Sourdough: And then the gallery in London that you have was introduced to you through the New York gallery?

Linc Thelen: Uh, yeah. The New York gallery knows them well, and they, over the course of the last two years have been seeing my work. And they approached the New York gallery and asked if it was okay.

Sourdough: Okay. So there's some understanding there and an agreement, sort of informal maybe.

Linc Thelen: Correct. You know, a lot of these galleries that I travel all over through these shows know each other. They've been doing it for 15, 30 years. You know? So they know. They have a relationship with them. So they know which artists are good, and they … you know, people who've been in the business long enough try to respect each other.

Sourdough: So, I'm guessing the rev share split with your gallery is 50/50?

Linc Thelen: It is. In general, it is, but I've been fortunate enough to be in a position where I actually get 60/40-… due to how we hard we work together and due to the sales-… that we have. So-

Sourdough: They know you're selling.

Linc Thelen: We sell a lot. And so, she wants to keep me happy.

Risk Management for Artists + Galleries

Sourdough: Right. You know, there's some controversy out there on social. I've noticed recently artists sort of pushing back against consignment sales and wanting galleries to pay upfront, almost a wholesale kind of deal. Right?

So, you know, assuming more of the risk. I think a lot of artists out there feel … Certainly young, emerging artists, you know, or even, maybe mid career artists feel, based on what I'm reading in social, that they take on too much of the risk. They want galleries to take up more of the risk. How do you feel about that issue?

Linc Thelen: Well, for someone who, I'm at both ends of it since I have a fairly large studio in Chicago, which is expensive. And I advertise and do the business side like a gallery would. I know that stuff isn't for free. So a good gallery should be doing stuff like advertising and reaching out. They're not just having people just walk in. They have to have a gallery space. They have to turn the lights on. They might have other assistants that they pay, you know, percentages.

So even though you think 50/50's a lot, like when you do these big shows like Art Miami, Art Basel, you know, they have to pay for the booth. So if they're spending 25,000 dollars on a weekend, they have to sell a lot of art just to break even. They're splitting it. So, you know, if the gallery is not working for you, then it’s not worth it. If they're thinking the art's like shoes, that people are just gonna come walk in off the street and just go buy, spend 10,000 dollars, well then, that's just the wrong gallery for you.

How To Sell Art on Instagram

Sourdough: Right. You mentioned your presence on social. Have you sold art via Instagram?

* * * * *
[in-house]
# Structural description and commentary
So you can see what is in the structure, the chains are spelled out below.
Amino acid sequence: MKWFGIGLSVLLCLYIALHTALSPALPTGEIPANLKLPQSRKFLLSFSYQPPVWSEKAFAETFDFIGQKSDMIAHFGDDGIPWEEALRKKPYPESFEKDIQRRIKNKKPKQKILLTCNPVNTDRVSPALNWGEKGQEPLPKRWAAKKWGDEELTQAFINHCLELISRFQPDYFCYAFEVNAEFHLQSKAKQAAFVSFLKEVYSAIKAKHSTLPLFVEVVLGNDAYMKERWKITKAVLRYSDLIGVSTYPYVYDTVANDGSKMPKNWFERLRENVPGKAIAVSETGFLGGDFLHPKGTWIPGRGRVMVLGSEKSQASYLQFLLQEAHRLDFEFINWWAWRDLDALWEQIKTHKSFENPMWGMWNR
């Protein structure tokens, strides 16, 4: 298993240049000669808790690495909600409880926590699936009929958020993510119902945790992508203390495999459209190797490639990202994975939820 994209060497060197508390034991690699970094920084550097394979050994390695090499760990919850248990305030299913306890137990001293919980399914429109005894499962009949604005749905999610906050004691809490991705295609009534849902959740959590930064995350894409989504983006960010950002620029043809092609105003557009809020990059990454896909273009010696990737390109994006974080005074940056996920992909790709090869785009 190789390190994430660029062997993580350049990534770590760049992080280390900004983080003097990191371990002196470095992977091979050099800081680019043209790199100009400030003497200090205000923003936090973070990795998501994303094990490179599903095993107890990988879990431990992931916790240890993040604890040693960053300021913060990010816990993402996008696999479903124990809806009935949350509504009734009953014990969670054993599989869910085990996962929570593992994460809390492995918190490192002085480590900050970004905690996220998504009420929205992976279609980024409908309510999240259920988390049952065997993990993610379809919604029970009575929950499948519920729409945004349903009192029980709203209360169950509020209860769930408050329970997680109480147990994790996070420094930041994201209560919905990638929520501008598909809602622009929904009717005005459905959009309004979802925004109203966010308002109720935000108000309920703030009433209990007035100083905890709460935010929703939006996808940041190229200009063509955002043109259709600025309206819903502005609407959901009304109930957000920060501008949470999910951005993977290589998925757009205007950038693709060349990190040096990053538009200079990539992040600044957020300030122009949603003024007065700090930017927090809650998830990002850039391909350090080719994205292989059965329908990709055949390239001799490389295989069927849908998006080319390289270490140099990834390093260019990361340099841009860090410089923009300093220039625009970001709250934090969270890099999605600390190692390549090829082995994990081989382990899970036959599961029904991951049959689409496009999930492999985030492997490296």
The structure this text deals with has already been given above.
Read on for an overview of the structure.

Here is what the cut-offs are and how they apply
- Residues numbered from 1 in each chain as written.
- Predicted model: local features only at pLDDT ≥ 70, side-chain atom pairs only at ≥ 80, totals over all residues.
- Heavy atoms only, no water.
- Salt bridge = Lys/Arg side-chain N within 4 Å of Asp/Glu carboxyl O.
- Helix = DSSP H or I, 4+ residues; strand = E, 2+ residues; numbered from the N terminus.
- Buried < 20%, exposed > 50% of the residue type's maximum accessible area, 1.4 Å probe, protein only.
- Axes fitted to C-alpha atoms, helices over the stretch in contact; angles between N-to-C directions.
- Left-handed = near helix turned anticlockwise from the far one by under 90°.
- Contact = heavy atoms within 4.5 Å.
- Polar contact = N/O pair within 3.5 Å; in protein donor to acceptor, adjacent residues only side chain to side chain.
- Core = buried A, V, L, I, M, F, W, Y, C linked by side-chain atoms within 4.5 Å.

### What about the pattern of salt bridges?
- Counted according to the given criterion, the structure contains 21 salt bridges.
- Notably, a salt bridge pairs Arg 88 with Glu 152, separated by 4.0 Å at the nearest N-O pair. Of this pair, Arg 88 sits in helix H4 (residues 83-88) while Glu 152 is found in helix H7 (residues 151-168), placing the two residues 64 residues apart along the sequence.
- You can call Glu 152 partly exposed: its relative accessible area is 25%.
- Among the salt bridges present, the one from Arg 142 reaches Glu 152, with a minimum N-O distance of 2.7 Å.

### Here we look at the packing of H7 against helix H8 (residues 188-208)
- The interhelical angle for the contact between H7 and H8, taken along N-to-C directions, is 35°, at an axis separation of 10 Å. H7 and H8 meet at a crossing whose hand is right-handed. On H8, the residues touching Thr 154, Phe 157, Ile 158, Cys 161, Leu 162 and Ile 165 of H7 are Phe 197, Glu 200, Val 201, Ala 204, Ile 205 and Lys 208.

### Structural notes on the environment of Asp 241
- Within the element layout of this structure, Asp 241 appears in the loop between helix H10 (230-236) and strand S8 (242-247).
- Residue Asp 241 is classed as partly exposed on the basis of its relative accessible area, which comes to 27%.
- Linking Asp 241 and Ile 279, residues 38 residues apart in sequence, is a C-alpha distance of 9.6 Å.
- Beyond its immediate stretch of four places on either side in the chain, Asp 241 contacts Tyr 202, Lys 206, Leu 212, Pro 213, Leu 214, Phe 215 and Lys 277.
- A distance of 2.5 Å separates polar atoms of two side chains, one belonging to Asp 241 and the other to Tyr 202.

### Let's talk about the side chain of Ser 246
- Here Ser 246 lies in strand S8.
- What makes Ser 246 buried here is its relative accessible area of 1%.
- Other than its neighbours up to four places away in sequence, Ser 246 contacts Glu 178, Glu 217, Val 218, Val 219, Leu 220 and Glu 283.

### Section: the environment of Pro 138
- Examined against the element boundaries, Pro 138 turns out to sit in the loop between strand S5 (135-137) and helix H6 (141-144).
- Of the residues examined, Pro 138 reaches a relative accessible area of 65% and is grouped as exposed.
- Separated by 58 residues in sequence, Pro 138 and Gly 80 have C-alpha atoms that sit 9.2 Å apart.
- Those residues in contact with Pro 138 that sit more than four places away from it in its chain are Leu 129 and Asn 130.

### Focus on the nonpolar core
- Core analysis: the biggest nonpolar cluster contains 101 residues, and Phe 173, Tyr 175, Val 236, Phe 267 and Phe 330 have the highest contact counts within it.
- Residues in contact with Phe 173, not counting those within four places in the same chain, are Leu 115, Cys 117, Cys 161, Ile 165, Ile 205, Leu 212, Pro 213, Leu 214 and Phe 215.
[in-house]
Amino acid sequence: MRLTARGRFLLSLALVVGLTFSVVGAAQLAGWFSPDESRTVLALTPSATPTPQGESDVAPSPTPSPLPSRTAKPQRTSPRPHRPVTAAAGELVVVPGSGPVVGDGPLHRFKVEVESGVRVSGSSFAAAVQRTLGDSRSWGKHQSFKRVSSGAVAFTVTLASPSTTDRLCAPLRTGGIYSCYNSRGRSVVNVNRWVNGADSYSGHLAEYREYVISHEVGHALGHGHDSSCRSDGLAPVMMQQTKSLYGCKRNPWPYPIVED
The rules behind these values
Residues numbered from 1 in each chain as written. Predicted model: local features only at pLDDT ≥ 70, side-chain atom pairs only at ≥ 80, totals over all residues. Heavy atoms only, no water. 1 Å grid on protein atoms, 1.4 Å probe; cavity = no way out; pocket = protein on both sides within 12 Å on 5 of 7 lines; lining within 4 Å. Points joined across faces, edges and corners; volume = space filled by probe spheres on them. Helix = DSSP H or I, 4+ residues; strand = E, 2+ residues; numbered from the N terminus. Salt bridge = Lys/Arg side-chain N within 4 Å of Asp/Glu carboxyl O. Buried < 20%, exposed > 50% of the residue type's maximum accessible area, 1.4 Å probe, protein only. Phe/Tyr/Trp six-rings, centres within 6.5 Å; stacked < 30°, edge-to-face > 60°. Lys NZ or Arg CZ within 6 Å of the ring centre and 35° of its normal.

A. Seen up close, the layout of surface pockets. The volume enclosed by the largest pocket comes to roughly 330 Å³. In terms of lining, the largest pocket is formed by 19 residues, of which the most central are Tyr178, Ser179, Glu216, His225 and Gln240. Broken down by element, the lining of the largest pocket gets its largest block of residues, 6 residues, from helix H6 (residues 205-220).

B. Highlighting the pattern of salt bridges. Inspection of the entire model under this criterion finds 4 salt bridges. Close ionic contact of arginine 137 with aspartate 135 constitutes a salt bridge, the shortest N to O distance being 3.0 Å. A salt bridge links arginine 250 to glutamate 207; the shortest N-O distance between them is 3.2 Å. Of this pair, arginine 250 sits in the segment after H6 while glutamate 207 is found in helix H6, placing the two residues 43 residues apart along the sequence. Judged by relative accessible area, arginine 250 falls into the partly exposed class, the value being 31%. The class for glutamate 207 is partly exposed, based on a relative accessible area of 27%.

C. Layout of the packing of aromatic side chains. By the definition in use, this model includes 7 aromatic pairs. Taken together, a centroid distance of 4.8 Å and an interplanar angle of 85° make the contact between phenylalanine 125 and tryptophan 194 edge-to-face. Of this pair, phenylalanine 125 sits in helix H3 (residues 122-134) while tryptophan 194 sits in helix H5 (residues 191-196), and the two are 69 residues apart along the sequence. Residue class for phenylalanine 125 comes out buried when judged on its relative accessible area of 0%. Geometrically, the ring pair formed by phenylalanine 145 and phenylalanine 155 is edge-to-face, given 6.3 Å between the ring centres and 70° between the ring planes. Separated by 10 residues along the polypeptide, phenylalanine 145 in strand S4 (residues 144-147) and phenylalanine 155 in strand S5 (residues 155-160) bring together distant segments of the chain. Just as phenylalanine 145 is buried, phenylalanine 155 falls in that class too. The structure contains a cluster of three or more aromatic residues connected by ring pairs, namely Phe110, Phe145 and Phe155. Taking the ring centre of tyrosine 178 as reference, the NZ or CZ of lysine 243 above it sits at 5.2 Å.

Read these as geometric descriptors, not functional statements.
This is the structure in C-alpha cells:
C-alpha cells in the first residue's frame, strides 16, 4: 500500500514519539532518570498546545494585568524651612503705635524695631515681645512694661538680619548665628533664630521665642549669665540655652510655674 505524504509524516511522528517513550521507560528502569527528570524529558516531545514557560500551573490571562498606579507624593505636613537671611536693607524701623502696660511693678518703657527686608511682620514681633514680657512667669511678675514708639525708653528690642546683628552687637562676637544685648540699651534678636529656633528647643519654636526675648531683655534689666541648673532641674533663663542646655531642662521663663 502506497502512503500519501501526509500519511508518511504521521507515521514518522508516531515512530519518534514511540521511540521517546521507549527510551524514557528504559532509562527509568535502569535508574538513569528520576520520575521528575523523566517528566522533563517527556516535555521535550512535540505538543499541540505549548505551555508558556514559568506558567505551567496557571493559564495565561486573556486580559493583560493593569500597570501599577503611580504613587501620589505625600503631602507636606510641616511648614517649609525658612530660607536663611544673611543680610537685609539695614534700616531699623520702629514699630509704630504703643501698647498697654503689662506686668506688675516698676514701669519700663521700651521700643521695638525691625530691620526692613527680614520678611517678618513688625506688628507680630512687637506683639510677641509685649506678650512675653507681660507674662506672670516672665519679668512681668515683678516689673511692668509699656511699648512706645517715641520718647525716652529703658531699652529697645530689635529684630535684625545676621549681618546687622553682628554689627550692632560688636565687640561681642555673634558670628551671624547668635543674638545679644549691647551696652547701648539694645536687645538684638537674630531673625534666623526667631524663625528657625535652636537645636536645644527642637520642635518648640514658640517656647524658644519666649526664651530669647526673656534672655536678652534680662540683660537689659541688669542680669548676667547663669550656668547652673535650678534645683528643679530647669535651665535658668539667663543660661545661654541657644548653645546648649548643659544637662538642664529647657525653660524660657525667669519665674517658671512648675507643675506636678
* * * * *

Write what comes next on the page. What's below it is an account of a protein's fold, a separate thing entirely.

Linc Thelen: Yes. It's been great. You know, I get people from all over, especially California. It seems like that's a great market for me. That's been selling quite a bit. And Instagram, you get the followers. And, you know, I've had people, I have one client that's in Newport Beach that's bought four paintings already.

Sourdough: Incredible.

Linc Thelen: Sight unseen.

Sourdough: They found you on Instagram.

Linc Thelen: Yup.

Sourdough: They contacted you. They DM'ed you through Instagram.

Linc Thelen: Yeah.

Sourdough: And you've since sold them four paintings.

Linc Thelen: Yeah. I have a great, well she's a friend now, but she's from Oregon and she, her husband, they flew out, you know, they commissioned a piece and actually flew out to Chicago for a weekend and they purchased one of the larger paintings. And that was through Instagram. Sight unseen. It's amazing. You know, people spending big dollars without even seeing a piece of work or following.

Sourdough: How often do you post?

Linc Thelen: Uh, you know, that comes and goes, depending on how swamped I've been. You know, let's say over the course of a month, maybe 10 times, 15 times? 15 times depending on how busy I am.

Sourdough: Is it posting images of you, of your studio and your artwork but you're also posting photos and images of your architectural work-

Linc Thelen: Yeah. So my feed is I guess a real feed of real life. And I'm not creating content to put on there just to put it on there so it looks like it's so cohesive that I'm trying to get a million followers and that I'm gonna get an advertiser. Some of it's raw. Some of it's with my child painting, my wife, you know, me in the studio. You know, stuff that I think that might be interesting, or the process. Showing the process of the work. And then some of it obviously polished, when it's professionally shot with the architecture. So I'm just trying to find stuff that's interesting in that process and share that.

How to Live with Artistic Integrity

Sourdough: So the work that's selling for you now is sorta the culmination of an exploration you began many years ago, sort of a study on circles. Talk a little bit about that study, where you started and how you got here.